Federal Judges, Gay, Military / Military Law

‘Don’t Ask, Don’t Tell’ Held Unconstitutional

This year has been a big one for LGBT rights litigation. There was Judge Vaughn Walker’s ruling in Perry v. Schwarzenegger, striking down Proposition 8’s ban on gay marriage in California. There were the Massachusetts decisions by Judge Joseph Tauro, holding unconstitutional section 3 of the Defense of Marriage Act (DOMA). And in a decision handed down late tonight, Judge Virginia A. Phillips (C.D. Cal.) ruled that the military’s “don’t ask, don’t tell” policy violates the constitution.

You can read the 86-page ruling here. It has what has to be one of the best case captions in recent memory: Log Cabin Republicans v. United States of America.

Congratulations to the Log Cabin Republicans on their victory. Maybe the resulting goodwill in the gay community will allow you guys to get dates? At least for this weekend.

UPDATE: A gay veteran’s (critical) take on the opinion, plus links to the opinion and additional news coverage, after the jump.

One gay veteran was not impressed by Judge Phillips’s work product:

As a gay veteran, I’m thrilled that DADT has been struck down, but it’s not a great opinion. If the DOJ appeals, it will be easy to reverse. First Amendment? This is a profession whose members are forbidden from publicly criticizing their elected officials. Likewise the substantive due process argument seems largely based on anecdotal evidence.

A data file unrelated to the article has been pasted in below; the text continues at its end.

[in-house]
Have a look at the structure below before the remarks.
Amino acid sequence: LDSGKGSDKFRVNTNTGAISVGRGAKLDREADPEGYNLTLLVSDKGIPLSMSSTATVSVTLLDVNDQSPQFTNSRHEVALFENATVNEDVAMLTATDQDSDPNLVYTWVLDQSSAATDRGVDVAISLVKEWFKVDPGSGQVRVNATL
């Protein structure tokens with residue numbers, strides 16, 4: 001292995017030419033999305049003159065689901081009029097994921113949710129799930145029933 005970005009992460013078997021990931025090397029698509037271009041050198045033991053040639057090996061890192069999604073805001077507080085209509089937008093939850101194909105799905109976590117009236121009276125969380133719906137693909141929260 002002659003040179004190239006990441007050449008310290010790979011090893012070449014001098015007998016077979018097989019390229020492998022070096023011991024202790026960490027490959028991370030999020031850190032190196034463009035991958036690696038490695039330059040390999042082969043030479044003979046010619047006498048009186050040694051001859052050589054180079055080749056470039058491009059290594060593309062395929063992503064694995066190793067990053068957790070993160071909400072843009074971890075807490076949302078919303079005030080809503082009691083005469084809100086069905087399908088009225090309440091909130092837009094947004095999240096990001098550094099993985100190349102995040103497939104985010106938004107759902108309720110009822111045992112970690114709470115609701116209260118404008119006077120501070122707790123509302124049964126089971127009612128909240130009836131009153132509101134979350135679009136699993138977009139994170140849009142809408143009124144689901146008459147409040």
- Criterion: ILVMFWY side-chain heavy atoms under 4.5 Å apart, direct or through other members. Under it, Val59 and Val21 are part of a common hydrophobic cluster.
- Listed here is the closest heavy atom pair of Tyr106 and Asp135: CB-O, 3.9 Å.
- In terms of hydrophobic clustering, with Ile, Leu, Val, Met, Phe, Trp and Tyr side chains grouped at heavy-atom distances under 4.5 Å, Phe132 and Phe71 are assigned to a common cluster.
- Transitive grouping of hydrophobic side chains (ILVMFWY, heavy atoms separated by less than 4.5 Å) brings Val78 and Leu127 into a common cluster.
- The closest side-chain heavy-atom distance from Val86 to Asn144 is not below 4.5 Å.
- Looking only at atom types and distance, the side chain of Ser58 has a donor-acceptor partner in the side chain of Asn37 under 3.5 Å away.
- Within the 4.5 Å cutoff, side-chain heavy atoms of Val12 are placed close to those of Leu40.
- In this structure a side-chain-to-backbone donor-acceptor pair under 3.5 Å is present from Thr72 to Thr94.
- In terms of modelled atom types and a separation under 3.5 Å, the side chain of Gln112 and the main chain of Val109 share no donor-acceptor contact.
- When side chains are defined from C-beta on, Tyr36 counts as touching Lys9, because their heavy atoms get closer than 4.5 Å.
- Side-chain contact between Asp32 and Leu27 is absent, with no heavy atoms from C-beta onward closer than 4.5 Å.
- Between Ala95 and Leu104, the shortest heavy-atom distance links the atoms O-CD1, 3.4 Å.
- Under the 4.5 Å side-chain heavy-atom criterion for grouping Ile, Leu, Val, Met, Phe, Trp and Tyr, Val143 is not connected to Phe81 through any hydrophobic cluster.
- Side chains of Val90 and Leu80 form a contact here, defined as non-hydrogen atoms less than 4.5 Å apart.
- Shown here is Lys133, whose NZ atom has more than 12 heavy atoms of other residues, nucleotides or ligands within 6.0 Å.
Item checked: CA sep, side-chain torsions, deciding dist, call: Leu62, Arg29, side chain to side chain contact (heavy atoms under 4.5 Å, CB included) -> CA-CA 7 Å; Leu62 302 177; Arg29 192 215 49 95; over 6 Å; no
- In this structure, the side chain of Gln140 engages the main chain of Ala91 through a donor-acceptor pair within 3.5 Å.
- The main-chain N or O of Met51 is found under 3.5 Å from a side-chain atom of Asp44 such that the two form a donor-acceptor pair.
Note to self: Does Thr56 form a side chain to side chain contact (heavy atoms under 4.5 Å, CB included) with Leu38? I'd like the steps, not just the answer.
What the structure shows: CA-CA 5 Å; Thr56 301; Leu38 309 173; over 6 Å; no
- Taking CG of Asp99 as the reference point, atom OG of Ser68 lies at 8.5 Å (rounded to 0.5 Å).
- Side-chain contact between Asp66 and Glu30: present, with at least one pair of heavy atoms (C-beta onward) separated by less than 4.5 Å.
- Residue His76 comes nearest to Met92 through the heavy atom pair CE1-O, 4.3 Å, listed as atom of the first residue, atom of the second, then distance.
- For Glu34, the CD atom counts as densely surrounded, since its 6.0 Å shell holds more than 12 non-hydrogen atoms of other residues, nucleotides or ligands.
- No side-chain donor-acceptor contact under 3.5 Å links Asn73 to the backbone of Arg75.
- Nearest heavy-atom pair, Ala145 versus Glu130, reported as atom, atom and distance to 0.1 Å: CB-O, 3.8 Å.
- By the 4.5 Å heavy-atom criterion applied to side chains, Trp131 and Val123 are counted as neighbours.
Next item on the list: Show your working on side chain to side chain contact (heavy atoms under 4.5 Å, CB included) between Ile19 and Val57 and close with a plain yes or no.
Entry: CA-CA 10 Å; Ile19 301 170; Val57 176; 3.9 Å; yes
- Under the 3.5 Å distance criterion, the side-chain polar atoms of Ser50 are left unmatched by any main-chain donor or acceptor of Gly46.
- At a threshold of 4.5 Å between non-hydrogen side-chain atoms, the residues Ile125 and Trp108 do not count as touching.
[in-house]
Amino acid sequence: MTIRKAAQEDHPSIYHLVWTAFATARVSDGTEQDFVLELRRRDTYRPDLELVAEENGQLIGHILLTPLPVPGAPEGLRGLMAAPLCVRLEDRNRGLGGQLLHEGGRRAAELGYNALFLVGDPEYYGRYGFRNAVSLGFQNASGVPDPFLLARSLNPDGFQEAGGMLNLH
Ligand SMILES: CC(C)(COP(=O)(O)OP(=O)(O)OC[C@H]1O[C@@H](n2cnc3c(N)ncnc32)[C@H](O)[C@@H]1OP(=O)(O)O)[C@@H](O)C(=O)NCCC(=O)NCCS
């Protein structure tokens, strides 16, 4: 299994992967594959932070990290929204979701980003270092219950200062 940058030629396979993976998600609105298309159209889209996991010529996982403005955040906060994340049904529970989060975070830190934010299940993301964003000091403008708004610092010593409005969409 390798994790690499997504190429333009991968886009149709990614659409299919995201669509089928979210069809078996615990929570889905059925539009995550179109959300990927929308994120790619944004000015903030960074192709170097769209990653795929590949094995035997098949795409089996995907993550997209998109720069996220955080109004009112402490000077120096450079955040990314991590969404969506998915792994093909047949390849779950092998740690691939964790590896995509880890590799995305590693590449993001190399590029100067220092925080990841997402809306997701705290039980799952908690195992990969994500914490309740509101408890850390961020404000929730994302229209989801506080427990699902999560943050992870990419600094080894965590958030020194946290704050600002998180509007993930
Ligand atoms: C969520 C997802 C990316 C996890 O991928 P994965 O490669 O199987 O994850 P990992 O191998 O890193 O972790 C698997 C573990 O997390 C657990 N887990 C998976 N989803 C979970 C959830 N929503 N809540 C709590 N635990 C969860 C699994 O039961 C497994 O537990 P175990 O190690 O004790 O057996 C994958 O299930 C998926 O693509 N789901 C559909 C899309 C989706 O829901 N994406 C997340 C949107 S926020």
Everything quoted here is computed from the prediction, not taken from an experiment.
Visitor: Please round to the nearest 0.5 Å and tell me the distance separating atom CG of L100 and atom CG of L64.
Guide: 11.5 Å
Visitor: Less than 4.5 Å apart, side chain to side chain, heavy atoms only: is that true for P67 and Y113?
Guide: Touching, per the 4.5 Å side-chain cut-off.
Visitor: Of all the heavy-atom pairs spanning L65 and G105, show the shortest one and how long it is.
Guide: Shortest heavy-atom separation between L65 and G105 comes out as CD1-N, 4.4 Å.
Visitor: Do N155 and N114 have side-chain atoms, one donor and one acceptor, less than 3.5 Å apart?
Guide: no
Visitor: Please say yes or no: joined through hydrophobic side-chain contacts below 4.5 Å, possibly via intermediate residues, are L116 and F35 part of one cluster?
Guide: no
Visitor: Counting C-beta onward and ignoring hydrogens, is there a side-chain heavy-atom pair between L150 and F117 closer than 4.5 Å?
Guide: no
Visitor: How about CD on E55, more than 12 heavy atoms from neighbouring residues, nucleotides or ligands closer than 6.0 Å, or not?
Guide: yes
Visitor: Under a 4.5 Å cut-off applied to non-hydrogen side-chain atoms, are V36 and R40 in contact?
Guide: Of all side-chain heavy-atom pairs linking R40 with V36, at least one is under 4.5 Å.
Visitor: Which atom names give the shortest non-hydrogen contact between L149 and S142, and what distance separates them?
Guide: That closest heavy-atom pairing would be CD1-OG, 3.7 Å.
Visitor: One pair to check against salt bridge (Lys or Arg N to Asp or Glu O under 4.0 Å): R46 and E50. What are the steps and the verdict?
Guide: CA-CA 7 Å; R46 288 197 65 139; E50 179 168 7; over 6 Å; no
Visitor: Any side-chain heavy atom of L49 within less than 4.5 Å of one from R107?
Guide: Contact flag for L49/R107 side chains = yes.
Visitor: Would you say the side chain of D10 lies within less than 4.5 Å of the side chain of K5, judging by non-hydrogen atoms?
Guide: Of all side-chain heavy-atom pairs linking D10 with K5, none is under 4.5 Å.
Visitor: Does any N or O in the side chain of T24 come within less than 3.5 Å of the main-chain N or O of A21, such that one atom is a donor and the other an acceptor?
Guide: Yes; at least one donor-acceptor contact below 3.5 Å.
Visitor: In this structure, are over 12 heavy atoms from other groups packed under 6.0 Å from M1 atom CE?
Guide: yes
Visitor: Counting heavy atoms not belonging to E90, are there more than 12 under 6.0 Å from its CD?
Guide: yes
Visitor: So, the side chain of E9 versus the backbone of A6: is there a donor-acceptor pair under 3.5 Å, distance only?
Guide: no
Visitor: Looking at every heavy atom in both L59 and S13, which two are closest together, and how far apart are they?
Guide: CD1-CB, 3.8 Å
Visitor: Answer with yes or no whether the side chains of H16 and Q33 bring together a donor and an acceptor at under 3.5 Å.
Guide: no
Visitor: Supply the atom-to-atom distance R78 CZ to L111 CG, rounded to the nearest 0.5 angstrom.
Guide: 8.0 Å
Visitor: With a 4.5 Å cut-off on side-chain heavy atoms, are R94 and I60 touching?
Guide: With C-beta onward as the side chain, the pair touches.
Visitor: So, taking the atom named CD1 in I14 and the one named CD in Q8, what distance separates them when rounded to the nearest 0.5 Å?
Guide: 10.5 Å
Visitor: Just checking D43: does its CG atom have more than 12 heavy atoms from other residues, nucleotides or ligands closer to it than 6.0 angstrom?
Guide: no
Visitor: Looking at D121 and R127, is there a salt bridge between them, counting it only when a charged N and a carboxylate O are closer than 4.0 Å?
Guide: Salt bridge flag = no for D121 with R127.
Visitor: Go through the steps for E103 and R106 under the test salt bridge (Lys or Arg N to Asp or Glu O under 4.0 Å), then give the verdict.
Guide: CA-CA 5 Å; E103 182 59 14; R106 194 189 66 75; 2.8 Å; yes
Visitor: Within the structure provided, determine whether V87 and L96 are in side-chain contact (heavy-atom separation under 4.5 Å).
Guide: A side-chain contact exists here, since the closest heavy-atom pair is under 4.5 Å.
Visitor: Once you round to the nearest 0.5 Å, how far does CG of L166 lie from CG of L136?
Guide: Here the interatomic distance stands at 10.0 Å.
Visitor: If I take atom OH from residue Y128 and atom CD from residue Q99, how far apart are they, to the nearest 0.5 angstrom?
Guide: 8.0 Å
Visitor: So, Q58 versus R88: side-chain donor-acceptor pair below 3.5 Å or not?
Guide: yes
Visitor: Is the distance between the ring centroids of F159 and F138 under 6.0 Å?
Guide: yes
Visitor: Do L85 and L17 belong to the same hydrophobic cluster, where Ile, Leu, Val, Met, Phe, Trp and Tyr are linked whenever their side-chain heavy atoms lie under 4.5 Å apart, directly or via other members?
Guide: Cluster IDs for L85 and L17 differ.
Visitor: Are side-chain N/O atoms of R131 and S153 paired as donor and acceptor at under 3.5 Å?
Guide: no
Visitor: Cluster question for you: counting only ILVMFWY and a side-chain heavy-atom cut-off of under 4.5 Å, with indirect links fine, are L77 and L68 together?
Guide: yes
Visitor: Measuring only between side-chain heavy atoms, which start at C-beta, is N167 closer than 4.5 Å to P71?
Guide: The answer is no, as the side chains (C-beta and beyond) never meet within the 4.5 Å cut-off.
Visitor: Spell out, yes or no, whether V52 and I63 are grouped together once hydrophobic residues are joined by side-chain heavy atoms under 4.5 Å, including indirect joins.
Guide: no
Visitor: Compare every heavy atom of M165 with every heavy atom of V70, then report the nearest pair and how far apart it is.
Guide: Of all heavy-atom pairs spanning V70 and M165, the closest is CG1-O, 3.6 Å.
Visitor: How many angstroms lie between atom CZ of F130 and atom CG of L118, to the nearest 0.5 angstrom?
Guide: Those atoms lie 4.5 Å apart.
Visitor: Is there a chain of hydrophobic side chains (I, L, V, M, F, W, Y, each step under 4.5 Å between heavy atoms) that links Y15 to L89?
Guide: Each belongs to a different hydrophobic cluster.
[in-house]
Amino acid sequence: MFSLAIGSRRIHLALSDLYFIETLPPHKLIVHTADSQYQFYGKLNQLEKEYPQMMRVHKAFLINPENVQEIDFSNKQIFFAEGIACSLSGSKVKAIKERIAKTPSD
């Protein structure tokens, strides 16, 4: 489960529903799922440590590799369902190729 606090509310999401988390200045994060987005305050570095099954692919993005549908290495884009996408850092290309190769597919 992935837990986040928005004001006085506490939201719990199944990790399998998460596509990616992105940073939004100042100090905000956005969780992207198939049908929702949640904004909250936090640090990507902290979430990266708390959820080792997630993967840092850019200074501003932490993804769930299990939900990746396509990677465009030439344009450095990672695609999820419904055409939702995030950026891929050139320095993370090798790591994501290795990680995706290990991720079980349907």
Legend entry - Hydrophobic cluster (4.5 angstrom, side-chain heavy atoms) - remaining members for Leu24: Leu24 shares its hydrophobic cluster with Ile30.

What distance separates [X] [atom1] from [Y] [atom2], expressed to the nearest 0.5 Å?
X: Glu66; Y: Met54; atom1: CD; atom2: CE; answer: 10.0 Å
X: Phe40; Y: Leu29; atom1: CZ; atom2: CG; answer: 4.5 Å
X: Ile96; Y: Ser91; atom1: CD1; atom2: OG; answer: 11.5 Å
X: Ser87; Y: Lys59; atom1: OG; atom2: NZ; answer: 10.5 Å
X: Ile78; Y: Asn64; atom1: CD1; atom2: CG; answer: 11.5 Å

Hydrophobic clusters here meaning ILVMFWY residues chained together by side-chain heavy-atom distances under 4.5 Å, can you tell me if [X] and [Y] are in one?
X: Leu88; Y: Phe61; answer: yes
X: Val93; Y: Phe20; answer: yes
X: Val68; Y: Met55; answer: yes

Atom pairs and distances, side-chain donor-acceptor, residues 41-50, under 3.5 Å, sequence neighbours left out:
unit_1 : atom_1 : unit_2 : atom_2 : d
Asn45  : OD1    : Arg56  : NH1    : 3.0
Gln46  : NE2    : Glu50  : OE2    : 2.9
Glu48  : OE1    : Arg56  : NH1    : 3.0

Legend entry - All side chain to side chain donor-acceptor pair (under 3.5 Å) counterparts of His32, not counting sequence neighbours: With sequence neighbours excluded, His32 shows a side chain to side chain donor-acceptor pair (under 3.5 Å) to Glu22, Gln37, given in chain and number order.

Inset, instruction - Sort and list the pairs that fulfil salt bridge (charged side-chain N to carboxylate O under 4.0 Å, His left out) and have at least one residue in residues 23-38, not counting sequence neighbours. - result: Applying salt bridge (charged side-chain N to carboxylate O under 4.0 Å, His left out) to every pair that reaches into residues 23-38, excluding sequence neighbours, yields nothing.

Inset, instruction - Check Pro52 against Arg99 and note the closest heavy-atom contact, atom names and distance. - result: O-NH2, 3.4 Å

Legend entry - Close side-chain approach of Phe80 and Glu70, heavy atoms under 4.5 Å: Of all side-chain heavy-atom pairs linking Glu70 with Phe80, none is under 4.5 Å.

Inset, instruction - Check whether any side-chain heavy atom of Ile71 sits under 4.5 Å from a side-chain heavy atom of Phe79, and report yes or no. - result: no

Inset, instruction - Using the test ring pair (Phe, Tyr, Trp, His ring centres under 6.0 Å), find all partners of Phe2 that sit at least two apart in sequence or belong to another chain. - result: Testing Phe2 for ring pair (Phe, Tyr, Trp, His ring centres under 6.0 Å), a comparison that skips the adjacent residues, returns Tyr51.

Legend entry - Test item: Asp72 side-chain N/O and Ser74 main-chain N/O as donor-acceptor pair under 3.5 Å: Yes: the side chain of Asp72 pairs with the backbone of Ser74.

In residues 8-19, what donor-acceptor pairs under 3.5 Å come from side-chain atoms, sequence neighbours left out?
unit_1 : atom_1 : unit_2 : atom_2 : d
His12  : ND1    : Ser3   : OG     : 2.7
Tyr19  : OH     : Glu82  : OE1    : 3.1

Chris Geidner breaks the opinion down over at Metro Weekly.

Judge Rejects Military Policy Toward Gays [New York Times]
Judge: Military’s ban on gays is unconstitutional [Associated Press]
Log Cabin Republicans v. United States [U.S. District Court for the Central District of California]

Earlier: Air Force Colonel Sues To Block His Discharge Under ‘Don’t Ask, Don’t Tell’

(hidden for your protection)

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